As Christians, we should be very aware of the pathological nature of both individual and social ills. That is, social ills are not just easily individualized and conceptually isolatable bad actions, ideas, practices, policies, or stereotypes. Rather, just as a pathological liar habitually lies without even taking note of it, or just as a disease can infect a whole body with looming death yet appear perfectly healthy, so economic exploitation, racism, sexism, and the like can be embedded within whole social systems, producing symptoms that may even seem quite normal and ineradicable, though we feel the existential burdens of their bitter fruit.
We call it sin, and we recognize its far-reaching effects. Not only has sin brought about spiritual and physical death, but sin has broken man’s community with God (Gen. 3:24-25), broken his community with neighbor (Gen. 3:16; 4:1-8; Gal. 5:14-15), corrupted his economic activity (Gen. 3:17; Isa. 3:5; Mic. 2:2), corrupted his habitation and environment (Rom. 8:19-21), and has even distorted his very mind and reason (Matt. 15:19; Rom. 1:28; Eph. 2:1-3; 4:18). In fact, the Scripture declares that our minds must be “renewed” in order to escape conformity “to this world” (Rom. 12:2).
I had a fantastic conversation with Scott M. Coley on his Faith, Philosophy & Politics podcast a ways back. We discussed the relation of Christian traditions to colonialism, Marxism at length, our blindness to our own social philosophies, all the recent shenanigans surrounding CRT and “systemic racism,” and more!
Please have a listen and let us know what you think!
I hope no one missed this fantastic discussion with DeCruz on the Big Brown Army podcast! I particularly enjoyed the question and answer format, hitting several of the most popular questions/objections leveled at Critical Race Theory, and antiracism more broadly. Also, he didn’t misspell my name in the title!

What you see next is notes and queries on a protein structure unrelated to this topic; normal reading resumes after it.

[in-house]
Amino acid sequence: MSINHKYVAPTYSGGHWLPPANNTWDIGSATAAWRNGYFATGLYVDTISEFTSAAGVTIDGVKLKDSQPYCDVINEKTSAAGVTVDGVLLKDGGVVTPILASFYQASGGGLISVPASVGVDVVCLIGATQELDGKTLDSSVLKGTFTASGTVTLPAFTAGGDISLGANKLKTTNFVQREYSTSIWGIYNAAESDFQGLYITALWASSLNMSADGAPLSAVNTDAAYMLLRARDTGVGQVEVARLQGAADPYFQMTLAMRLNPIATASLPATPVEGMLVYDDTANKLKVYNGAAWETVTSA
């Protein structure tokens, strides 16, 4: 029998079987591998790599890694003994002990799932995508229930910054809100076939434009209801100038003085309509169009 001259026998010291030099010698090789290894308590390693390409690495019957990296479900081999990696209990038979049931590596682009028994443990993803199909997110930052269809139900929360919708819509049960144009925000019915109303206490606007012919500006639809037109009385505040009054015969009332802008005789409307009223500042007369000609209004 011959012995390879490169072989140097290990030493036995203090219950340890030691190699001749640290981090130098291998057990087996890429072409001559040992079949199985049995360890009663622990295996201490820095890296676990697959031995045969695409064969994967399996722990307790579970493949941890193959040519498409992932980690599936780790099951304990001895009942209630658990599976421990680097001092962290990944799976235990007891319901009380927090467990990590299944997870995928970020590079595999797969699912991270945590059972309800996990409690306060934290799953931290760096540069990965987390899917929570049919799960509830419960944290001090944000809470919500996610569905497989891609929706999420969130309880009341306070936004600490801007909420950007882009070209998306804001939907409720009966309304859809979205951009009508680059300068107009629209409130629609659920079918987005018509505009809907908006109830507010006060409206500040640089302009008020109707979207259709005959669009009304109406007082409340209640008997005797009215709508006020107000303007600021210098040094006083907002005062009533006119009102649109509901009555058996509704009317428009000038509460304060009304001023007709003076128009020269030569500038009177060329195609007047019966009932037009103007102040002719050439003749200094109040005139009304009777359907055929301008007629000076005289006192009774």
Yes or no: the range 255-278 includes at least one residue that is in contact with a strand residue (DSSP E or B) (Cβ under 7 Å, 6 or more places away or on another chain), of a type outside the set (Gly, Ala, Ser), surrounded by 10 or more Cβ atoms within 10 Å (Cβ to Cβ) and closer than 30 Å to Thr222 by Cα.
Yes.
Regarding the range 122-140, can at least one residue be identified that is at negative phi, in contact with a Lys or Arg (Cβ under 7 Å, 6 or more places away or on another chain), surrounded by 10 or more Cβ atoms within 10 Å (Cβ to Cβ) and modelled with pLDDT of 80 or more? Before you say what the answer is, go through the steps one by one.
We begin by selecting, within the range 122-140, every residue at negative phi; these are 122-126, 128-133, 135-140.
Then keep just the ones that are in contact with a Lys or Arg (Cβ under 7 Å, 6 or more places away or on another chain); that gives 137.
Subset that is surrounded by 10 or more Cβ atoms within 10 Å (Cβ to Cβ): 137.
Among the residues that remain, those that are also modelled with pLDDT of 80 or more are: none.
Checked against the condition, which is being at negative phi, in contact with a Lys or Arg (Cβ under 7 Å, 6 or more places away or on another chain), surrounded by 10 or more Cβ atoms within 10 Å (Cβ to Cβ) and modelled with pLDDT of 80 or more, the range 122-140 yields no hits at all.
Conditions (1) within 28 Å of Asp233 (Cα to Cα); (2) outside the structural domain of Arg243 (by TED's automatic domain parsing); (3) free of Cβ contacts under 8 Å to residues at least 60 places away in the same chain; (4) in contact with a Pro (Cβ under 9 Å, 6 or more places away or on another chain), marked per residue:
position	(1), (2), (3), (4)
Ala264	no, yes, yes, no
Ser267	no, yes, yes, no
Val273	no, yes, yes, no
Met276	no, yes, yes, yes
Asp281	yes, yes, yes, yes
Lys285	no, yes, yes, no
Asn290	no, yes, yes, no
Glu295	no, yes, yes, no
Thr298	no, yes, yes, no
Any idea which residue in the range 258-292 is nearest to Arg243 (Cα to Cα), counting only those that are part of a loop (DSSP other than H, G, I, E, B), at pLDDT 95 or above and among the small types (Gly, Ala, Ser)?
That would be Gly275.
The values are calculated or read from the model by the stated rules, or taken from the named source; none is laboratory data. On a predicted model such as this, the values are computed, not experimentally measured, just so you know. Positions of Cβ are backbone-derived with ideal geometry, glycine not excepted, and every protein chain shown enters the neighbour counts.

Please listen, if you haven’t already, and let us know what you think!
I had the tremendous honor of joining Ameen and KB on the Southside Rabbi podcast! We discussed Critical Race Theory, Voddie Baucham’s book Fault Lines, racist policing, social doctrine and social responsibility, and so much more! It couldn’t have been more fun.
Please have a listen and let me know what you think!
Examples of systemic racism abound. Beginning in Colonial America, laws were passed explicitly to benefit the newly created category “white” at the expense of the newly created “negro and mulatto,” and such laws were carried on into the new republic. The ensuing Antebellum system of race-based chattel slavery is an obvious example of systemic or institutionalized racism—I would hope this is immediately clear. But we could go on from there to provide hundreds of examples from the abandonment of post-emancipation Reconstruction, to share cropping and penal slavery, Jim Crow laws, “ghettoizing” in the North, race-steering, redlining by the Federal Housing Administration, the racialized application of the GI Bill, the “legal” theft of land from Black farmers, the post-Civil Rights criminalization campaign, the “Southern Strategy,” the “Law and Order” movement, the war on drugs, mass incarceration, employment and wage discrimination, the ongoing retrenchment of civil rights legal reforms, and on and on and on. To find these examples simply requires us to care enough to look.